Iras-allsky

Stellar Multiplicity Meets Stellar Evolution and Metallicity: The APOGEE View

February 2018 • 2018ApJ...854..147B

Authors • Badenes, Carles • Mazzola, Christine • Thompson, Todd A. • Covey, Kevin • Freeman, Peter E. • Walker, Matthew G. • Moe, Maxwell • Troup, Nicholas • Nidever, David • Allende Prieto, Carlos • Andrews, Brett • Barbá, Rodolfo H. • Beers, Timothy C. • Bovy, Jo • Carlberg, Joleen K. • De Lee, Nathan • Johnson, Jennifer • Lewis, Hannah • Majewski, Steven R. • Pinsonneault, Marc • Sobeck, Jennifer • Stassun, Keivan G. • Stringfellow, Guy S. • Zasowski, Gail

Abstract • We use the multi-epoch radial velocities acquired by the Apache Point Observatory Galactic Evolution Experiment (APOGEE) survey to perform a large-scale statistical study of stellar multiplicity for field stars in the Milky Way, spanning the evolutionary phases between the main sequence (MS) and the red clump. We show that the distribution of maximum radial velocity shifts (ΔRVmax) for APOGEE targets is a strong function of log g, with MS stars showing ΔRVmax as high as ∼300 {km} {{{s}}}-1, and steadily dropping down to ∼30 {km} {{{s}}}-1 for log g ∼ 0, as stars climb up the red giant branch (RGB). Red clump stars show a distribution of ΔRVmax values comparable to that of stars at the tip of the RGB, implying they have similar multiplicity characteristics. The observed attrition of high ΔRVmax systems in the RGB is consistent with a lognormal period distribution in the MS and a multiplicity fraction of 0.35, which is truncated at an increasing period as stars become physically larger and undergo mass transfer after Roche Lobe overflow during H-shell burning. The ΔRVmax distributions also show that the multiplicity characteristics of field stars are metallicity-dependent, with metal-poor ([Fe/H] ≲ -0.5) stars having a multiplicity fraction a factor of 2-3 higher than metal-rich ([Fe/H] ≳ 0.0) stars. This has profound implications for the formation rates of interacting binaries observed by astronomical transient surveys and gravitational wave detectors, as well as the habitability of circumbinary planets.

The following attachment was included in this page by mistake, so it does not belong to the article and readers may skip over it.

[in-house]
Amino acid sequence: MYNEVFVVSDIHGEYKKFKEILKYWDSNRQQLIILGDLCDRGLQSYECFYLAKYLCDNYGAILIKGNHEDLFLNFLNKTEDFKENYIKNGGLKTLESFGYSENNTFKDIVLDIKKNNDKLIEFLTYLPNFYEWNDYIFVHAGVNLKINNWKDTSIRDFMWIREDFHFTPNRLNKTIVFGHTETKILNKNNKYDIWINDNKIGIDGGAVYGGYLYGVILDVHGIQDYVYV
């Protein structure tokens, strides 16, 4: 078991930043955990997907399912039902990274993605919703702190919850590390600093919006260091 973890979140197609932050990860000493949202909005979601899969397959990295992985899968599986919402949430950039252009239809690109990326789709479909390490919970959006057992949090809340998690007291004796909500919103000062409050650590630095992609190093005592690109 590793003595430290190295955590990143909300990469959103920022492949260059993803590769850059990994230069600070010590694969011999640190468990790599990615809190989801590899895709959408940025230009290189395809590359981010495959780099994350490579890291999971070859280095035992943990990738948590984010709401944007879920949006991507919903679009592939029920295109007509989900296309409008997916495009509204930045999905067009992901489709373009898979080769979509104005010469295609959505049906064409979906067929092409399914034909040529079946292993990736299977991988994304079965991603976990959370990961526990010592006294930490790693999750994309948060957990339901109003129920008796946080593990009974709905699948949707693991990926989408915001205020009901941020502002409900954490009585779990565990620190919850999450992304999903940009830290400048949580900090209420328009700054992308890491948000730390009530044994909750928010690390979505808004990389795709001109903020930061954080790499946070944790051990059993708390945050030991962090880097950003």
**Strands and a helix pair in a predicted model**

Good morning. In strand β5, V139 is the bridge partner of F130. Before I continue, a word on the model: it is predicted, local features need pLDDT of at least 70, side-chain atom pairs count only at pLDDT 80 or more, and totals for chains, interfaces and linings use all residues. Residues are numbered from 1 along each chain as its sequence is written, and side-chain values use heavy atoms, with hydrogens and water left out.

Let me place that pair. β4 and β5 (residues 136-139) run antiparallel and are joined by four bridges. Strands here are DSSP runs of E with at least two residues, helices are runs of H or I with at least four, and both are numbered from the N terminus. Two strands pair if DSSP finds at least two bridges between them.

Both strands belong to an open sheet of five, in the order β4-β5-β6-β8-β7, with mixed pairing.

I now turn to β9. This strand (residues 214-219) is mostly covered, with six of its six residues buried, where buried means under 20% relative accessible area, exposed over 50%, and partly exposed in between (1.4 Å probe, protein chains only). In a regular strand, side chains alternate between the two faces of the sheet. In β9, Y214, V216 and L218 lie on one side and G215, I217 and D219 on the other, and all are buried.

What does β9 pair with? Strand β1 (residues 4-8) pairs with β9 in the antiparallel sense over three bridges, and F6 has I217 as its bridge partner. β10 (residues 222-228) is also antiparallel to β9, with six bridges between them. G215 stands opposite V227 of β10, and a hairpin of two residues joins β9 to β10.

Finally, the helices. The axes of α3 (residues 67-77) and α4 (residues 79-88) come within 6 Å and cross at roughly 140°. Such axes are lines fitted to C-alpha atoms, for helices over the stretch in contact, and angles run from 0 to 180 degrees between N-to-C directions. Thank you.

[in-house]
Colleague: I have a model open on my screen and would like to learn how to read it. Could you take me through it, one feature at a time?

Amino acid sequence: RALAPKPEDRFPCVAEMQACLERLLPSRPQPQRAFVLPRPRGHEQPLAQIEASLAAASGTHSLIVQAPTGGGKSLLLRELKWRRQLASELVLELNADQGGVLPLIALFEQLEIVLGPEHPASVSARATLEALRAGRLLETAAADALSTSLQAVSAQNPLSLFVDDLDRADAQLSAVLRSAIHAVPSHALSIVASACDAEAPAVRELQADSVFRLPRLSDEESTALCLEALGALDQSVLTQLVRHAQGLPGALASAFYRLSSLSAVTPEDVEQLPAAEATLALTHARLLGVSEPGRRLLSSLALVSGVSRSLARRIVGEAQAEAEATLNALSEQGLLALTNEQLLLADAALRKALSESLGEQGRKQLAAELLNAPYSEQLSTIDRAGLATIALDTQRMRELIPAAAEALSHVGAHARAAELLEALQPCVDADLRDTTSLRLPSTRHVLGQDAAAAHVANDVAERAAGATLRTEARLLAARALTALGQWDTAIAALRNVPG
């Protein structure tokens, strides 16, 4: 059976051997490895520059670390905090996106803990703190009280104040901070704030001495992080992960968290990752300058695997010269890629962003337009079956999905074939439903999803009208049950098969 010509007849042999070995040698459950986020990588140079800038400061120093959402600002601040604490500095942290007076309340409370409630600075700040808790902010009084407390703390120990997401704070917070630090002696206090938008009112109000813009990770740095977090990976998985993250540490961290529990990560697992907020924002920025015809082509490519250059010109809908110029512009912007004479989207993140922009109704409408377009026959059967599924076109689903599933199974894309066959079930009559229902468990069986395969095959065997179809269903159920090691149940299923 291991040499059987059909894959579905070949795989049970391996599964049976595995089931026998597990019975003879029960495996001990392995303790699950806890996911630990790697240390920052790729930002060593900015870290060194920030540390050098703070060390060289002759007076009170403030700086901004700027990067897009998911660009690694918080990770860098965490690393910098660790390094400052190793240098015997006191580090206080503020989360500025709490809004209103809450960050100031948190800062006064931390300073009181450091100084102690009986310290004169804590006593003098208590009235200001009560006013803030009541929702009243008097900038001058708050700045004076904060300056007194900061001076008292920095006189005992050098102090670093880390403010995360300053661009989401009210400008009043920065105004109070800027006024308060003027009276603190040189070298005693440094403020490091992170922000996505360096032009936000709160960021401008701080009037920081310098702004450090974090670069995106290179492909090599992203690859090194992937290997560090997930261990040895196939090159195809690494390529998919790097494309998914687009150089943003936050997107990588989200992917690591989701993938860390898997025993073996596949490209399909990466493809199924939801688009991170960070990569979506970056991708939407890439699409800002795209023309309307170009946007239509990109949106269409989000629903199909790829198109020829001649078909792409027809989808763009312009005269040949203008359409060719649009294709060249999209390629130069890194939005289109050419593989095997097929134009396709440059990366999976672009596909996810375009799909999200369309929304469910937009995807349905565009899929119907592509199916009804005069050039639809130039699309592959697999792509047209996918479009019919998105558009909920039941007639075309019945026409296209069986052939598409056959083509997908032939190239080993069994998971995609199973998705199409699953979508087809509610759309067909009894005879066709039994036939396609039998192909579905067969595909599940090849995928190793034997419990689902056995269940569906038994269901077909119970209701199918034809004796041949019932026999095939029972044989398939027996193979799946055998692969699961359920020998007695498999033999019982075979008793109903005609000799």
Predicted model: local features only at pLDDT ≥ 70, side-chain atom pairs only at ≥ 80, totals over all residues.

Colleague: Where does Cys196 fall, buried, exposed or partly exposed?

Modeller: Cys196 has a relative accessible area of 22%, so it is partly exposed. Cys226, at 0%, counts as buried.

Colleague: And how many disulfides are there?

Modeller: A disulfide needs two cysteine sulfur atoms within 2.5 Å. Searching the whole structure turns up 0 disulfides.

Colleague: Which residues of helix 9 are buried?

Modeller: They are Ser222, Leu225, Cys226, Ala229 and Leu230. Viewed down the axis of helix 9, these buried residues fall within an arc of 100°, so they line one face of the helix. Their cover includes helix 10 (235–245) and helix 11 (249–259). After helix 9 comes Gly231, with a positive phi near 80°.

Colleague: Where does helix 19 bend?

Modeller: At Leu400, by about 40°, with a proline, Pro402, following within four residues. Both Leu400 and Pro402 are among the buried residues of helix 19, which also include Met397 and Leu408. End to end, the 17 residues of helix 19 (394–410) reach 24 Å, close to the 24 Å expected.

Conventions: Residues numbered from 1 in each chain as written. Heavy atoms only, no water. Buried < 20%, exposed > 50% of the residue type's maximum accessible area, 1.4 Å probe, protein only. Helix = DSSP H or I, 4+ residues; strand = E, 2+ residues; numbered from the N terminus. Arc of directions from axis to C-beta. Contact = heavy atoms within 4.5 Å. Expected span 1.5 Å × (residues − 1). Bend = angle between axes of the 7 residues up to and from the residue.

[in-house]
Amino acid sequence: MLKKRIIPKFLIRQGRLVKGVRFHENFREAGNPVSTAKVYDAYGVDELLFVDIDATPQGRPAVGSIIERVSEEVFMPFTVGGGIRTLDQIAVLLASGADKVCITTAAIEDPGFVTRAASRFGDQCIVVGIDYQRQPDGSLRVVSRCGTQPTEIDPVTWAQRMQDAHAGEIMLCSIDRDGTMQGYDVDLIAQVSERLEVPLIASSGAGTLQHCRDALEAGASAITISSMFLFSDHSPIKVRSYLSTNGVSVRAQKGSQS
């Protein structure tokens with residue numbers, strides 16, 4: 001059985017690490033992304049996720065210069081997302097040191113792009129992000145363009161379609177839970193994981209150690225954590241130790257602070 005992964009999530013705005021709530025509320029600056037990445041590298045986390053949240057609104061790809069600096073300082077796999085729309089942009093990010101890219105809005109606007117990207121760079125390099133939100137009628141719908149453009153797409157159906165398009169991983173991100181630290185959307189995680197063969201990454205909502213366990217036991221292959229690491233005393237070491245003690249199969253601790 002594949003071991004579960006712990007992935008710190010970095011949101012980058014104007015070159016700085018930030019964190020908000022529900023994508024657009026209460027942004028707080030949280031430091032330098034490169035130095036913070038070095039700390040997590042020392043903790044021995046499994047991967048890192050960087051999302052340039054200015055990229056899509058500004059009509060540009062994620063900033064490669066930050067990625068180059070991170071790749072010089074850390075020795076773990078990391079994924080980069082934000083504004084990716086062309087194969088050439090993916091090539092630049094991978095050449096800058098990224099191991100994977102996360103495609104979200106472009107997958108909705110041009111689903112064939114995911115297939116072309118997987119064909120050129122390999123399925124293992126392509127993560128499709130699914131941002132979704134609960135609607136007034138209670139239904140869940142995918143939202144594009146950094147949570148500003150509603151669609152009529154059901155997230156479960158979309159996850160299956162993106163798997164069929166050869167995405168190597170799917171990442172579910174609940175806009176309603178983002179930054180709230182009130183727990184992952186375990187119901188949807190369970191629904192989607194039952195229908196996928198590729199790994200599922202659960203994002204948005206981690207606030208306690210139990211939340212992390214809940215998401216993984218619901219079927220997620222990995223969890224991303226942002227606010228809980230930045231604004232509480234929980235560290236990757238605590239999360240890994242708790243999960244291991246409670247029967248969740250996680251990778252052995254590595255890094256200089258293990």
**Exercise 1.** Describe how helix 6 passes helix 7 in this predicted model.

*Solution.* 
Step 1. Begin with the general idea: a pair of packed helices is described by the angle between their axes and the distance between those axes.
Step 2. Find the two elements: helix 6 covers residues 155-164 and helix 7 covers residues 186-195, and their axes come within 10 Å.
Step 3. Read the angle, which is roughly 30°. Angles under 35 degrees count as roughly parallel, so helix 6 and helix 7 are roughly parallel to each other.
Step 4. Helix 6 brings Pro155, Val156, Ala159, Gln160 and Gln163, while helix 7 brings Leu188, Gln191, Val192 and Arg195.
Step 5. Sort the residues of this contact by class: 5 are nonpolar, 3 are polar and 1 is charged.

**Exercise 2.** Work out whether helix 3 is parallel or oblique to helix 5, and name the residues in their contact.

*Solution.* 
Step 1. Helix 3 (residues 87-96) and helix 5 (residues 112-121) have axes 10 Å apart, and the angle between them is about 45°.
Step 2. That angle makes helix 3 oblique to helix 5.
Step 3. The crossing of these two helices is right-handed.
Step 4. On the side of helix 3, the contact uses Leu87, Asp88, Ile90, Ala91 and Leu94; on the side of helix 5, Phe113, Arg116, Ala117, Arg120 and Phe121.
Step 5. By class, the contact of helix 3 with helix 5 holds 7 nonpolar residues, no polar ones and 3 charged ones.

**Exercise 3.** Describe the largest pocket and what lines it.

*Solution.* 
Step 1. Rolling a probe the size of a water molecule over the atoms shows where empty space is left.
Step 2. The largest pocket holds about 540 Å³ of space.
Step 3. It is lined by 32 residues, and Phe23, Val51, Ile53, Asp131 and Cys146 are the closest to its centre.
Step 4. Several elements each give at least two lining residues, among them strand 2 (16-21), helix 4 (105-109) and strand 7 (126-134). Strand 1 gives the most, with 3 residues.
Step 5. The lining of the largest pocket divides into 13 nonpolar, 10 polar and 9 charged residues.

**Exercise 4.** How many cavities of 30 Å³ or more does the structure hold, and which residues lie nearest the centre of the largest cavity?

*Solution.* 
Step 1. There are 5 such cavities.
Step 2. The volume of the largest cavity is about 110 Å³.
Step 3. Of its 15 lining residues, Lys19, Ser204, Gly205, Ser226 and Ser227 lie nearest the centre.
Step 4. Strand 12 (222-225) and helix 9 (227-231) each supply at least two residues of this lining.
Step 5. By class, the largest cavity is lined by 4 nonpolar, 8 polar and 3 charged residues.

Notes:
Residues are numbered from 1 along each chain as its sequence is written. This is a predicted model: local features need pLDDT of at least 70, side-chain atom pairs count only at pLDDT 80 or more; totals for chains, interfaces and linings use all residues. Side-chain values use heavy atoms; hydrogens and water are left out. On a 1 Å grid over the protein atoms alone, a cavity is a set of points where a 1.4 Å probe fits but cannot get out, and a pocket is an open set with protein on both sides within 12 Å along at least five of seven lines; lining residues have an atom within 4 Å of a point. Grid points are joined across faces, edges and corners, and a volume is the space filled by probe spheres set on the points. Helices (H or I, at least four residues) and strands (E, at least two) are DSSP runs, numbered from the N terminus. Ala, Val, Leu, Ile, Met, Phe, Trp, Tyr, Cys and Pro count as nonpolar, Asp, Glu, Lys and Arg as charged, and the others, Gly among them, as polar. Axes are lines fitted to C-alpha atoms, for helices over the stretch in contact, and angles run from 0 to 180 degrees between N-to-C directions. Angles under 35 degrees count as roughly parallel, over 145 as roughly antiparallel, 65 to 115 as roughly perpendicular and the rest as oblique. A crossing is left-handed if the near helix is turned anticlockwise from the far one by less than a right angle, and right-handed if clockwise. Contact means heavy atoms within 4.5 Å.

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Jennifer Sobek

Associate Scientist